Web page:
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Title: A generalized phase space approach for solving quantum spin dynamics

Numerical techniques to efficiently model out-of-equilibrium dynamics in interacting quantum many-body systems are key for advancing our capability to harness and understand complex quantum matter. Here we propose a new numerical approach which we refer to as generalized discrete truncated Wigner approximation (GDTWA). It is based on a discrete semi-classical phase space sampling and allows to investigate quantum dynamics in lattice spin systems with arbitraryS ≥ 1/2. We show that the GDTWA can accurately simulate dynamics of large ensembles in arbitrary dimensions. We apply it forS > 1/2 spin-models with dipolar long-range interactions, a scenario arising in recent experiments with magnetic atoms. We show that the method can capture beyond mean-field effects, not only at short times, but it also can correctly reproduce long time quantum-thermalization dynamics. We benchmark the method with exact diagonalization in small systems, with perturbation theory for short times, and with analytical predictions made for models which feature quantum-thermalization at long times. We apply our method to study dynamics in largeS > 1/2 spin-models and compute experimentally accessible observables such as Zeeman level populations, contrast of spin coherence, spin squeezing, and entanglement quantified by single-spin Renyi entropies. We reveal that largeSsystems can feature larger entanglement than correspondingS = 1/2 systems. Our analyses demonstrate more » that the GDTWA can be a powerful tool for modeling complex spin dynamics in regimes where other state-of-the art numerical methods fail.

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Award ID(s):
1734006 1820885
Publication Date:
Journal Name:
New Journal of Physics
Page Range or eLocation-ID:
Article No. 082001
IOP Publishing
Sponsoring Org:
National Science Foundation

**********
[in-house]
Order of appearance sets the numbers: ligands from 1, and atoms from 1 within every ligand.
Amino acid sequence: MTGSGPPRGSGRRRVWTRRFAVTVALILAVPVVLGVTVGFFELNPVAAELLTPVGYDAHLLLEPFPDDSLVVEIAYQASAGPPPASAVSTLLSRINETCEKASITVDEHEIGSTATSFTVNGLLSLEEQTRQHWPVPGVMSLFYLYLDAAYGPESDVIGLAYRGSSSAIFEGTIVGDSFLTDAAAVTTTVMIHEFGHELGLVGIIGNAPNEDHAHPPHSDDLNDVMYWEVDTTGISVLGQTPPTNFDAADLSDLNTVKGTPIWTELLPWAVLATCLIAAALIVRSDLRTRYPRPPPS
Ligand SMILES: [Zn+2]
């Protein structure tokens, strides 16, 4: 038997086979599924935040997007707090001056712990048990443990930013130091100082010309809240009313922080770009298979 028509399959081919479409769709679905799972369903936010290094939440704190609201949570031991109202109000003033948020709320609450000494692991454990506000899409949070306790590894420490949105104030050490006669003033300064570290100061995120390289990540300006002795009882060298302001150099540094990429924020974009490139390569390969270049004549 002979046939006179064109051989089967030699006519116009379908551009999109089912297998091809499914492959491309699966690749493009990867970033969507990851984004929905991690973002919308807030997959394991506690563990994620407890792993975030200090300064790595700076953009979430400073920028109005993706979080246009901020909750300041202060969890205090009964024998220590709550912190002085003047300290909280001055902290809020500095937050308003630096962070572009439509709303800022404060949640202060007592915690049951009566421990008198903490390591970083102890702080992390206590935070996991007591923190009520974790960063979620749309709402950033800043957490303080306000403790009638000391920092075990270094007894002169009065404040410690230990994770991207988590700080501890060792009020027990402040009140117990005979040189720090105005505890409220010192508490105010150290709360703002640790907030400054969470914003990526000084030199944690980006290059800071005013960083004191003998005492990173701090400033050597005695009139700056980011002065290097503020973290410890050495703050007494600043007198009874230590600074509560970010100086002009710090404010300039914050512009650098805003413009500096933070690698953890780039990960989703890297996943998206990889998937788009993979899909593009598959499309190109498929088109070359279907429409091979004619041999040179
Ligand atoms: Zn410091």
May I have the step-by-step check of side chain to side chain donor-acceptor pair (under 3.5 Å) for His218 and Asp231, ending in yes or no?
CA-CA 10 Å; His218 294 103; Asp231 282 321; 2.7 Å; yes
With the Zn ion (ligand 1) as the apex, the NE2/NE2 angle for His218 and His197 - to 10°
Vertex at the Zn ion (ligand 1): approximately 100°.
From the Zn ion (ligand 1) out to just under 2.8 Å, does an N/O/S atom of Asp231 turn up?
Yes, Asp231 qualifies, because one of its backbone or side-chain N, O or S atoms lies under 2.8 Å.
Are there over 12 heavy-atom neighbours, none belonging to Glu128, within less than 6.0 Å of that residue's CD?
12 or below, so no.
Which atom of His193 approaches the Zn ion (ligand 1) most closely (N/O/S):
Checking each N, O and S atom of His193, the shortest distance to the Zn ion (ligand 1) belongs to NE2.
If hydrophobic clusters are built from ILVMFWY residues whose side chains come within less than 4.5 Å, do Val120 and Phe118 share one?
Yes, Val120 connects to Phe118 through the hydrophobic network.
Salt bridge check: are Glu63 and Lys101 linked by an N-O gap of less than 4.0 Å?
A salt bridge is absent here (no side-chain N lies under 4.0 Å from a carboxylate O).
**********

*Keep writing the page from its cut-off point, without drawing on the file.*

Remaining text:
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Using the offline decoder and postprocessor, the model performed at 36.23% sensitivity with 9.52 FAs per 24 hours. The trained model was then evaluated with the online modules. The current performance of the overall online system is 45.80% sensitivity with 28.14 FAs per 24 hours. Table 2 summarizes the performances of these systems. The performance of the online system deviates from the offline P1 model because the online postprocessor fails to combine the events as the seizure probability fluctuates during an event. The modules in the online system add a total of 11.1 seconds of delay for processing each second of the data, as shown in Figure 3. In practice, we also count the time for loading the model and starting the visualizer block. When we consider these facts, the system consumes 15 seconds to display the first hypothesis. The system detects seizure onsets with an average latency of 15 seconds. Implementing an automatic seizure detection model in real time is not trivial. We used a variety of techniques such as the file locking mechanism, multithreading, circular buffers, real-time event decoding, and signal-decision plotting to realize the system. A video demonstrating the system is available at: The final conference submission will include a more detailed analysis of the online performance of each module. ACKNOWLEDGMENTS Research reported in this publication was most recently supported by the National Science Foundation Partnership for Innovation award number IIP-1827565 and the Pennsylvania Commonwealth Universal Research Enhancement Program (PA CURE). Any opinions, findings, and conclusions or recommendations expressed in this material are those of the author(s) and do not necessarily reflect the official views of any of these organizations. REFERENCES [1] A. Craik, Y. He, and J. L. Contreras-Vidal, “Deep learning for electroencephalogram (EEG) classification tasks: a review,” J. Neural Eng., vol. 16, no. 3, p. 031001, 2019. [2] A. C. Bridi, T. Q. Louro, and R. C. L. Da Silva, “Clinical Alarms in intensive care: implications of alarm fatigue for the safety of patients,” Rev. Lat. Am. Enfermagem, vol. 22, no. 6, p. 1034, 2014. [3] M. Golmohammadi, V. Shah, I. Obeid, and J. Picone, “Deep Learning Approaches for Automatic Seizure Detection from Scalp Electroencephalograms,” in Signal Processing in Medicine and Biology: Emerging Trends in Research and Applications, 1st ed., I. Obeid, I. Selesnick, and J. Picone, Eds. New York, New York, USA: Springer, 2020, pp. 233–274. [4] “CFM Olympic Brainz Monitor.” [Online]. Available: [Accessed: 17-Jul-2020]. [5] M. L. Scheuer, S. B. Wilson, A. Antony, G. Ghearing, A. Urban, and A. I. Bagic, “Seizure Detection: Interreader Agreement and Detection Algorithm Assessments Using a Large Dataset,” J. Clin. Neurophysiol., 2020. [6] A. Harati, M. Golmohammadi, S. Lopez, I. Obeid, and J. 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